Love can't eliminate negative effects of helicopter parenting, study finds

Love can't eliminate negative effects of helicopter parenting, study finds


Save Story

Estimated read time: 3-4 minutes

This archived news story is available only for your personal, non-commercial use. Information in the story may be outdated or superseded by additional information. Reading or replaying the story in its archived form does not constitute a republication of the story.

PROVO — Helicopter parents beware: all that hovering will likely hurt your kids, no matter how well-intentioned it may be.

That’s according to a new study out of Brigham Young University, which found that even the warmest of helicopter mothers and fathers still ultimately had a negative impact on their child’s overall success.

“From our past work, we thought there might be something positive about helicopter parenting under certain conditions, but we’re just not finding it,” said study author Larry Nelson in a release.

If you’re not yet familiar with the term helicopter parenting, it’s an ideology often characterized by the excessive over-involvement of a parent in a child’s life. Previous studies have linked the method to anxiety and depression in college students, as well as decreased feelings of autonomy and confidence.

“It means being involved in a child’s life in a way that is overcontrolling, overprotecting and overperfecting in a way that is in excess of responsible parenting,” Dr. Anne Dunnewold told Parents.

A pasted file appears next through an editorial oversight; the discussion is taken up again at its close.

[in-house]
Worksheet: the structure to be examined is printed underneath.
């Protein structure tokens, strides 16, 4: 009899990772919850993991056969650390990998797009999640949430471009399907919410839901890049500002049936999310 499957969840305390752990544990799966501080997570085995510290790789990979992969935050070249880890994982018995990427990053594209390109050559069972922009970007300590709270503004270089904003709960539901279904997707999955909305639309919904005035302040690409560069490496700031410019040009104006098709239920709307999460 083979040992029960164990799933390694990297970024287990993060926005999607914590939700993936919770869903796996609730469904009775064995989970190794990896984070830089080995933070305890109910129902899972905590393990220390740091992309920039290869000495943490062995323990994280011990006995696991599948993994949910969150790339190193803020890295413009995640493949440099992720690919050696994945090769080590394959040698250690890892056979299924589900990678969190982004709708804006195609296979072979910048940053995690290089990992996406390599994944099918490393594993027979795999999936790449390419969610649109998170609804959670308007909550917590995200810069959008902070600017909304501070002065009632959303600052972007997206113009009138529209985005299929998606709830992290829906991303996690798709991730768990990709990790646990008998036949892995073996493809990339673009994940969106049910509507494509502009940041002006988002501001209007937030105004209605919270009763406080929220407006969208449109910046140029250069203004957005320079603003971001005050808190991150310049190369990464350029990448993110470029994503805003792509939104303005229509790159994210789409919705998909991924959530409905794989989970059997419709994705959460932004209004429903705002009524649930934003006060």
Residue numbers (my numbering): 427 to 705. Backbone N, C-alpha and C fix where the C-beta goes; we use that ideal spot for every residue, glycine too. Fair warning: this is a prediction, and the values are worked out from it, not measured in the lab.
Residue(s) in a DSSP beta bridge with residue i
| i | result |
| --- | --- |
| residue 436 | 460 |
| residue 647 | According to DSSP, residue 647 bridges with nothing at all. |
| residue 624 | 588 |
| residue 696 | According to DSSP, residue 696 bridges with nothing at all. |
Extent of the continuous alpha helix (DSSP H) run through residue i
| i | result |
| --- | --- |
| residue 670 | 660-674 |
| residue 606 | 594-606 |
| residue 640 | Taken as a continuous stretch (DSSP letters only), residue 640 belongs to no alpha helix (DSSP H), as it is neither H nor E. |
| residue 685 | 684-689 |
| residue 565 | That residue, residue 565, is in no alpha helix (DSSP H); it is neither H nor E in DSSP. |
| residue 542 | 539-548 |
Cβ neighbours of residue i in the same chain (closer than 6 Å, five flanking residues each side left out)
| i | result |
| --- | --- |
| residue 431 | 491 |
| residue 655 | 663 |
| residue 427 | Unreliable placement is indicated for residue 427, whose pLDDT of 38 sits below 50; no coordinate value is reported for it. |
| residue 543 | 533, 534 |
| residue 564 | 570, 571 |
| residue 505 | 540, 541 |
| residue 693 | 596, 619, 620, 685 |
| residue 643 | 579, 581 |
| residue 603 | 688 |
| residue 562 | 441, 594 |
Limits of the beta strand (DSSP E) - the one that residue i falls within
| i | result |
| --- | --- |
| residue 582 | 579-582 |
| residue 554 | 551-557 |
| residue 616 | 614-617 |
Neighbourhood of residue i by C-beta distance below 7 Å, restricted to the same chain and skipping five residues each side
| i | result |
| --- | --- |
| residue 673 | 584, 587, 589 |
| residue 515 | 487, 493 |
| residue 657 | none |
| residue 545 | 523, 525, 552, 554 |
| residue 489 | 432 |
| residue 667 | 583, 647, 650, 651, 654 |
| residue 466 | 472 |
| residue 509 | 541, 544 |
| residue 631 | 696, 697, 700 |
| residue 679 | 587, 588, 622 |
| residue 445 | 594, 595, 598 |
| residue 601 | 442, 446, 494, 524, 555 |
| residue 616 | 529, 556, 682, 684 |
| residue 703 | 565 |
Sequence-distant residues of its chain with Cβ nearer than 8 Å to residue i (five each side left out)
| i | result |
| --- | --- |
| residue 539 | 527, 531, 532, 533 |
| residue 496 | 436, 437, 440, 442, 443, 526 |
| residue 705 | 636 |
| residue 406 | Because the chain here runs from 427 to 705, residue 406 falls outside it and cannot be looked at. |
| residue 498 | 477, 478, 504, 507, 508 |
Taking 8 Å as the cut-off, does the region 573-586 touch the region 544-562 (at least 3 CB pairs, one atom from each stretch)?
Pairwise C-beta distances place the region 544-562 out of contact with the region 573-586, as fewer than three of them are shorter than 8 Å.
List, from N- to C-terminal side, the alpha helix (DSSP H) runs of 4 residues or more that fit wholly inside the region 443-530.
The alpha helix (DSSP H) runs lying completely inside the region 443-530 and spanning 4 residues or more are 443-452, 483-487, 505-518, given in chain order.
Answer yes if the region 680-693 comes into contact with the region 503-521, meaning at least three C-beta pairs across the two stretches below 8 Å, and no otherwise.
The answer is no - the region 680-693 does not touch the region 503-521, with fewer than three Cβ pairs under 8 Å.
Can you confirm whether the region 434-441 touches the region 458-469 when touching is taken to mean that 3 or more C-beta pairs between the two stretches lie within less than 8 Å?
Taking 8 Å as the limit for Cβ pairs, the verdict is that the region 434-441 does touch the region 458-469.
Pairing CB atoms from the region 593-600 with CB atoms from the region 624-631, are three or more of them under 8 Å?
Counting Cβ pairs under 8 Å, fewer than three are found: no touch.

For the study, which was published in the journal Emerging Adulthood, researchers polled more than 400 undergrads from four universities across the country. The students were asked about their own self-esteem and performance in school.

They were also asked to report on the level of control their parents exercised in their lives, as well as whether or not they considered their parents “warm,” according to the study. Researchers defined a “warm” parent as one who made themselves available to talk and spend time with their child.


Ultimately, researchers found that while adding warmth to the equation eliminated some of the negative effects of helicopter parenting — including a decrease in self-worth and an increase in risk behaviors in young adults — it didn’t eliminate them.

“The findings suggest that loving parents can’t justify their helicoptering tendencies,” researchers wrote. “Too much control is too much, no matter the parents’ affection and support.”

The study found that when you take warmth out of the equation completely, negative effects just get worse.

Overall, stepping in and doing for a child what the child developmentally should be doing for him or herself, is negative.

–Larry Nelson, study author

“Overall, stepping in and doing for a child what the child developmentally should be doing for him or herself, is negative,” Nelson said.

This study was a follow up to 2012 research that found children of helicopter parents are more likely to be less engaged in school.

“They may already be less engaged in school, so the parent is stepping in to try to help or it could be parents have hovered so long that the child is not taking their own initiative,” study co-author and BYU professor Laura Padilla-Walker told USA Today. “The key is, is it joint decision-making or is it the parent doing it?”

Researchers emphasized that while too much involvement can hurt, young adults need parental influence in their lives as they learn to make their own decisions.

“Lack of control does not mean lack of involvement, warmth and support,” said Nelson.

Related links

Related stories

Most recent Utah stories

Related topics

Jessica Ivins


    Get informative articles and interesting stories delivered to your inbox weekly. Subscribe to the Trending 5.
    By subscribing, you acknowledge and agree to's Terms of Use and Privacy Policy.

    KSL Weather Forecast